# Formal Languages as Models for Biological Growth

• P. Tautu
Conference paper
Part of the Lecture Notes in Biomathematics book series (LNBM, volume 11)

## Abstract

A formal system is a mathematical structure S= (V, F, A, R), where
1. (i).

V is a set of symbols, called alphabet, V={a1 |i=0, 1, 2,...}. The set of all finite words (strings) composed with the elements of V is denoted by V*. Assuming the existence of an empty word Λ, the set V+ of nonempty words over V is then defined as V* -{Λ}.

2. (ii).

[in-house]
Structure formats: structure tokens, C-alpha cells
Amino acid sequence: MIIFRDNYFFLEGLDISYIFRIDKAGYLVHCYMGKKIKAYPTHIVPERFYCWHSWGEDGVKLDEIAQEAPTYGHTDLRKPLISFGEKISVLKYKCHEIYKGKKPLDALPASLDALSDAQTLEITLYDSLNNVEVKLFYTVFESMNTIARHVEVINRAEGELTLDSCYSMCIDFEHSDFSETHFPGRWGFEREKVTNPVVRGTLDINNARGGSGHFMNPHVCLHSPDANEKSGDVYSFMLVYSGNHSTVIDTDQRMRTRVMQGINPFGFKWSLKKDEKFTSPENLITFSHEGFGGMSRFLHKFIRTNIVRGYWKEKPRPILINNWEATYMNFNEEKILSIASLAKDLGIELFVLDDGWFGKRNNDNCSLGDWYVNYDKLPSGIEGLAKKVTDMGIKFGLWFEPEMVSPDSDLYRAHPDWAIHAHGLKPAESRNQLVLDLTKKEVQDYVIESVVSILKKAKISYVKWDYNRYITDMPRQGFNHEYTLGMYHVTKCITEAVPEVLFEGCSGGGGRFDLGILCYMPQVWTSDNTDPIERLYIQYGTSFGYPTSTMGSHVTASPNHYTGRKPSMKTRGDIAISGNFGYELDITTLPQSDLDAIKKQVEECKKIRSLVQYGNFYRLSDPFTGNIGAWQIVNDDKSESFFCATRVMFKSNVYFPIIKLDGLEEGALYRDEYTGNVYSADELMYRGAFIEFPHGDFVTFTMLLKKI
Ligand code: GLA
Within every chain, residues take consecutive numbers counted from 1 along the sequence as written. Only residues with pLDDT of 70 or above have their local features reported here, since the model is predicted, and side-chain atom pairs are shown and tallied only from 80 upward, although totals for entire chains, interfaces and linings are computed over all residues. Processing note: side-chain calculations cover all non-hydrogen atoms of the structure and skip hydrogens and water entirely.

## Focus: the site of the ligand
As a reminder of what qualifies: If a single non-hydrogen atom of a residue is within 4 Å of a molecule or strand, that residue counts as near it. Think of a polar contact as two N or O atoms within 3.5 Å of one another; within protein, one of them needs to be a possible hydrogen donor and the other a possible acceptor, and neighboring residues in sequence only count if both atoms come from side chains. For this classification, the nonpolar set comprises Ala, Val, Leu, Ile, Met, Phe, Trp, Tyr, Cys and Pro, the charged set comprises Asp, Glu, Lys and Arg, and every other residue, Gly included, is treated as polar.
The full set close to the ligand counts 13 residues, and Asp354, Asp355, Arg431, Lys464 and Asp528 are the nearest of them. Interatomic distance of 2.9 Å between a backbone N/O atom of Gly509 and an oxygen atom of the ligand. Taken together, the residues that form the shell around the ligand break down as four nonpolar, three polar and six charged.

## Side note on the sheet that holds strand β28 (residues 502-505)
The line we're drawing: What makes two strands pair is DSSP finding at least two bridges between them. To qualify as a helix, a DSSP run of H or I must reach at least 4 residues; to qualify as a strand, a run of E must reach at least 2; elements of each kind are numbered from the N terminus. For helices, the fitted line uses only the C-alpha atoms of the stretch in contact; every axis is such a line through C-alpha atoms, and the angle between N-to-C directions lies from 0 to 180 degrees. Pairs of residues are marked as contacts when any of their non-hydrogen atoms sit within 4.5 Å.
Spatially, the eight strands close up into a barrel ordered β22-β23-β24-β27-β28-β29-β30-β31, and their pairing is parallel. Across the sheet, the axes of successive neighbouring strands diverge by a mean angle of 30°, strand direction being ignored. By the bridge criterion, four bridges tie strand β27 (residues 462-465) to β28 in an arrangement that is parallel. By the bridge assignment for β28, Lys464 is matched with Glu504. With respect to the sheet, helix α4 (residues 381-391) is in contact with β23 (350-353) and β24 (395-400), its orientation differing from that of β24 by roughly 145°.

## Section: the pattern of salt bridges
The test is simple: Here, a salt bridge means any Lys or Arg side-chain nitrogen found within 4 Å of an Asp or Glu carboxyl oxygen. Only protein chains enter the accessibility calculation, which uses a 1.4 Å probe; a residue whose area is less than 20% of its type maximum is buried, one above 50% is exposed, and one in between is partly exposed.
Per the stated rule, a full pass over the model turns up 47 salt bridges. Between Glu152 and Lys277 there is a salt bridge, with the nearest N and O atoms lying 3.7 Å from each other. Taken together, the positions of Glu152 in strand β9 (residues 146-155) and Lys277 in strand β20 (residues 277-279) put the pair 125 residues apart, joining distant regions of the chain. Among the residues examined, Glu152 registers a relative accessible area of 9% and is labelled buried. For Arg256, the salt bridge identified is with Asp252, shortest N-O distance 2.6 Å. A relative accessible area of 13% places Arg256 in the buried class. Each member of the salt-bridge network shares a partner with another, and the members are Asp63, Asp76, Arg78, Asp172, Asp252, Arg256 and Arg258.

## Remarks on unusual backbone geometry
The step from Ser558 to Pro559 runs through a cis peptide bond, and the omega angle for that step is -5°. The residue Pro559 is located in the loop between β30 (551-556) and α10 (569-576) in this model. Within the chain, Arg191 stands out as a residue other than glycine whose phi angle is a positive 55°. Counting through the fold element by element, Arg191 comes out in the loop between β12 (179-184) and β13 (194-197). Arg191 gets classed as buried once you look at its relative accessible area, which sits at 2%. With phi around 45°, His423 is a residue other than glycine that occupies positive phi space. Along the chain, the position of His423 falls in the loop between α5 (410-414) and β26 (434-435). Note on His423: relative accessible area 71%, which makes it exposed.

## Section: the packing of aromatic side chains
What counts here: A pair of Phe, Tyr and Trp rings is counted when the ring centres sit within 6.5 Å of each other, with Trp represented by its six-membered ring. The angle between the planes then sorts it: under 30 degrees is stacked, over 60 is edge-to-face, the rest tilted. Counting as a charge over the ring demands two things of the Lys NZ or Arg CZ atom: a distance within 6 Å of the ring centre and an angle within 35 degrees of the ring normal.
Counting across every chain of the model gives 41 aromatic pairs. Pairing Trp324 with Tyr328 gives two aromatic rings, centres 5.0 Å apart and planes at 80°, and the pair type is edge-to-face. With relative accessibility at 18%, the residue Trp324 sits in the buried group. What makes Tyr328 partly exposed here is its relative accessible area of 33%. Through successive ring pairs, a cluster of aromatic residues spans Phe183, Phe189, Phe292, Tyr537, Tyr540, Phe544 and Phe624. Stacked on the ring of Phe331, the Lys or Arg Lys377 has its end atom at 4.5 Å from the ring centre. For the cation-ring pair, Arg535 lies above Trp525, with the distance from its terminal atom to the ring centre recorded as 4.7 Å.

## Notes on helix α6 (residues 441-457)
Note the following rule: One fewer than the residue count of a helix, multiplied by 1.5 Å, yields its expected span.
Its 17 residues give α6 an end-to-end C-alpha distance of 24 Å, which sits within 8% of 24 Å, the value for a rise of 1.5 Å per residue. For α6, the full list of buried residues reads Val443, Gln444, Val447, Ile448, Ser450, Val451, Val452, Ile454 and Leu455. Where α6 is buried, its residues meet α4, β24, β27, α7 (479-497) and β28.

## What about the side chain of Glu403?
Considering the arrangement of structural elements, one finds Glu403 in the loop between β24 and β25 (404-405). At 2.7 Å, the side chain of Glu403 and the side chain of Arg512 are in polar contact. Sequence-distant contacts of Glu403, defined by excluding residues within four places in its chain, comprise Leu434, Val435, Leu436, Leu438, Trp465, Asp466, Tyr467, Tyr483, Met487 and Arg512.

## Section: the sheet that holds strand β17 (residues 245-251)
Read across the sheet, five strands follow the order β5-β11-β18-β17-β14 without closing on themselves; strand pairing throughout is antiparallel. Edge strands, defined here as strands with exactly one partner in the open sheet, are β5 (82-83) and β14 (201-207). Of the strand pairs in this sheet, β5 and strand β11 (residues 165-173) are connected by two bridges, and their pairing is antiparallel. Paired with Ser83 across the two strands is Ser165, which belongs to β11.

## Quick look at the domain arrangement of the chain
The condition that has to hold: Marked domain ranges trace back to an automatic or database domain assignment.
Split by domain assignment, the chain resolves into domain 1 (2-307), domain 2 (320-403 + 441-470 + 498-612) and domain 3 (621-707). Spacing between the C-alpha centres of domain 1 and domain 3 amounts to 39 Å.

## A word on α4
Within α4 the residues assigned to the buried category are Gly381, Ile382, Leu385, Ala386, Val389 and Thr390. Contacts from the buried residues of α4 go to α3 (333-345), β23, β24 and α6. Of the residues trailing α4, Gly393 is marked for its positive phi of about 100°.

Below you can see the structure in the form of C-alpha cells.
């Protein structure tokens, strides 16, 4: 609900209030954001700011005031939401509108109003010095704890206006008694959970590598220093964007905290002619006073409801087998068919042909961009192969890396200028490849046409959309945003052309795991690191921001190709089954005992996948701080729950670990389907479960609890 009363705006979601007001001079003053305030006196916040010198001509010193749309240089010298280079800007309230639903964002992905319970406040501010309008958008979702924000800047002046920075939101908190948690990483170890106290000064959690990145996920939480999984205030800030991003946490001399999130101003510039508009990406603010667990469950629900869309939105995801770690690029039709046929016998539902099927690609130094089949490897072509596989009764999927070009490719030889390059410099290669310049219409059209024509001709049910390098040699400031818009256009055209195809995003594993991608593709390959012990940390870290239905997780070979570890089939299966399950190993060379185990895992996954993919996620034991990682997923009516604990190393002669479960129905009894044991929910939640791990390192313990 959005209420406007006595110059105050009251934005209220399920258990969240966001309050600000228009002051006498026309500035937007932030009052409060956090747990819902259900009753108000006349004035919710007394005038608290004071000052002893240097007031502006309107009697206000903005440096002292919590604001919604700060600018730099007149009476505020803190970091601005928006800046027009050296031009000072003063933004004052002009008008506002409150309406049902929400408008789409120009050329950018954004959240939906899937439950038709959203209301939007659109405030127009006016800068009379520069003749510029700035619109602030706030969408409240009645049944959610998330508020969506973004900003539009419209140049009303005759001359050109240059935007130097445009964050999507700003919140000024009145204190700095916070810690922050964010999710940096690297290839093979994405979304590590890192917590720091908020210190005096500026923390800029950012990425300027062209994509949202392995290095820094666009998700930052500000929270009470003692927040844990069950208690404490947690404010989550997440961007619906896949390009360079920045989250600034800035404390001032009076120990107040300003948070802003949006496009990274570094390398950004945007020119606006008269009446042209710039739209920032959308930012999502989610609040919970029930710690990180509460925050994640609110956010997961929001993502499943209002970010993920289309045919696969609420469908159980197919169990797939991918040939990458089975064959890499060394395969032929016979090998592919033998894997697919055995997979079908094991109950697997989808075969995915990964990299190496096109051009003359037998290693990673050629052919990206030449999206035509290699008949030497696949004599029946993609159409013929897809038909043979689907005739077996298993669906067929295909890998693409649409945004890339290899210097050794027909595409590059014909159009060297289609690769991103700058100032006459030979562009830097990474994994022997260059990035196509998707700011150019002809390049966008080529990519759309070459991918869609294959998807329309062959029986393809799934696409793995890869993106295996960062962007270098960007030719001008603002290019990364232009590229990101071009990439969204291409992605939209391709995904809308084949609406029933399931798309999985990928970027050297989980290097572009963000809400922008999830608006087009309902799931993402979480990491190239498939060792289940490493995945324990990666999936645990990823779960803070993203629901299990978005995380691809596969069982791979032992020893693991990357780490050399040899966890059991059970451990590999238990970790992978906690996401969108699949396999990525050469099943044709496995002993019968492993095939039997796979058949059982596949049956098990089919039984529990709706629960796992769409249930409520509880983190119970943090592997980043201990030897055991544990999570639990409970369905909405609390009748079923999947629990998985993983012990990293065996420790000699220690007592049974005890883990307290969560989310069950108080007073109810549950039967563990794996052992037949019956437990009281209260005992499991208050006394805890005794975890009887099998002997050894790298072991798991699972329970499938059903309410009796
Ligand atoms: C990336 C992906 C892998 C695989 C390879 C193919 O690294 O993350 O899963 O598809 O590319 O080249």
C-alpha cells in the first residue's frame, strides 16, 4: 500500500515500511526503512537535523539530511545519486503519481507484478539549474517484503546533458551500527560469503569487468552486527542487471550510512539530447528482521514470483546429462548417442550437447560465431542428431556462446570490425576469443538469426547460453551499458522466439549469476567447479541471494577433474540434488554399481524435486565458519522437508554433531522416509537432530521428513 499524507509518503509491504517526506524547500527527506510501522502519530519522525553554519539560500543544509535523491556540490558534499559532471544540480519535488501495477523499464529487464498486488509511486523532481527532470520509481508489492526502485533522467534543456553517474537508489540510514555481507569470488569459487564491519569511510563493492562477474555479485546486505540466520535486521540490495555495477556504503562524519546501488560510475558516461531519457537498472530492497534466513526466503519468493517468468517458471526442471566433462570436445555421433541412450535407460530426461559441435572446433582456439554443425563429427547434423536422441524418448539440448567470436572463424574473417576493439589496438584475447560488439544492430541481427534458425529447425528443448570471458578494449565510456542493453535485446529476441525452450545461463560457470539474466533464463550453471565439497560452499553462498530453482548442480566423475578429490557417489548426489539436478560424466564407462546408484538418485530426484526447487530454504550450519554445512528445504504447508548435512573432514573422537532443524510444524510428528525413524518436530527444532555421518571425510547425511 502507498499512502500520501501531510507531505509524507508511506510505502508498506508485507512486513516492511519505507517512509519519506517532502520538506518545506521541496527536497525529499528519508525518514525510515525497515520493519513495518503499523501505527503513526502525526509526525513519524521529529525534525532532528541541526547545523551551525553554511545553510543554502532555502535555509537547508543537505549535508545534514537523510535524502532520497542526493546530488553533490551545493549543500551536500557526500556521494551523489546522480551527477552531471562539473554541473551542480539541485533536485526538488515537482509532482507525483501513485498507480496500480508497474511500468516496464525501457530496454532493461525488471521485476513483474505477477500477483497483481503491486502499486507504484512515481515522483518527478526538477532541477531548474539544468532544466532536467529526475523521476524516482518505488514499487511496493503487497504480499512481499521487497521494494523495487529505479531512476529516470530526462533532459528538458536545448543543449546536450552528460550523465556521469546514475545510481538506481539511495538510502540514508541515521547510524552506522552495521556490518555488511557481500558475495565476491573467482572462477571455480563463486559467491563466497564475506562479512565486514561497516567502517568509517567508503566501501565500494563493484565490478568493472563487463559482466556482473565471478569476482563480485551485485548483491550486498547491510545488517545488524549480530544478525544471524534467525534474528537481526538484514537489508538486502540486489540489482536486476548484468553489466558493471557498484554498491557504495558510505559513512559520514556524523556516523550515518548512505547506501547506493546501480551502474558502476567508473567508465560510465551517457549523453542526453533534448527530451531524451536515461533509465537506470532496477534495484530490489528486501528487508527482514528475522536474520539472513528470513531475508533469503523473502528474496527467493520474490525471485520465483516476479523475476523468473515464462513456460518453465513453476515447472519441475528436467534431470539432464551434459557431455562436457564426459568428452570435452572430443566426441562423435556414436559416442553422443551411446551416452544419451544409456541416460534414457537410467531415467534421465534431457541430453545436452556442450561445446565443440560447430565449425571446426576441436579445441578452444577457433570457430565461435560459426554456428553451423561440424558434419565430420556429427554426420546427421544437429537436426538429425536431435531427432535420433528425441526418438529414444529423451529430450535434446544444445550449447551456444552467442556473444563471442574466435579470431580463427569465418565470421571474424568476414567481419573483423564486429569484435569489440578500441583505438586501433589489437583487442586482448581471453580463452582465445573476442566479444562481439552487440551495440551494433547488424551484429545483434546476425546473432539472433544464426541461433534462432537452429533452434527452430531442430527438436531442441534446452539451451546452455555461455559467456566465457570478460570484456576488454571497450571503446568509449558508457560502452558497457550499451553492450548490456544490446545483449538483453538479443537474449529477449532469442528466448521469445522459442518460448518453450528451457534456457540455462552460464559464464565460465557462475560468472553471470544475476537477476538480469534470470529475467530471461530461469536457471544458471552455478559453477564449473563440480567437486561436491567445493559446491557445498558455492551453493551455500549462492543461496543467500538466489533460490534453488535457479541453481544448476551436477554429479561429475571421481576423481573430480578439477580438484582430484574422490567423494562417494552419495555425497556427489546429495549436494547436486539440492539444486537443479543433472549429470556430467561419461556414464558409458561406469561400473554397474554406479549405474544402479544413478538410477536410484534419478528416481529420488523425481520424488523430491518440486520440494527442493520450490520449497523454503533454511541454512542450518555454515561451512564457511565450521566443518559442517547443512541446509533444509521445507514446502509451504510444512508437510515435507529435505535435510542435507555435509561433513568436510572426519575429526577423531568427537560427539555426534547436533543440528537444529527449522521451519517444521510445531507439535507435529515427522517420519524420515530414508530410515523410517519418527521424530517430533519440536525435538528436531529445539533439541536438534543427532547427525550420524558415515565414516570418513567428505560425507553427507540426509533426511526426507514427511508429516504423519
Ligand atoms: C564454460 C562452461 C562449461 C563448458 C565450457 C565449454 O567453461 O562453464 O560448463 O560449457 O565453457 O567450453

FV* is a set of formulae, a language over V.

3. (iii).

AF is a set of initial situations, called axioms.

4. (iv).

R is a set of rules of deduction (the primitives). A rule ρ∈R is defined as a subset of the Cartesian product Fn × F, where Fn is itself a Cartesian product F×...×F having n≥1 factors whose elements are the ordered n-tuples of formulae. Let F=(x1,..., xn) be an ordered n-tuple of formulae. If there exists a peR and a formula y such that Foy is obtained, then it is said that y is an immediate consequence of the premises (x1,..., xn). The formulae in F are the arguments of rule ρ. The set R of deduction rules defines the relation of immediate deducibility ( see Gross and Lentin, 1970).

Lentin

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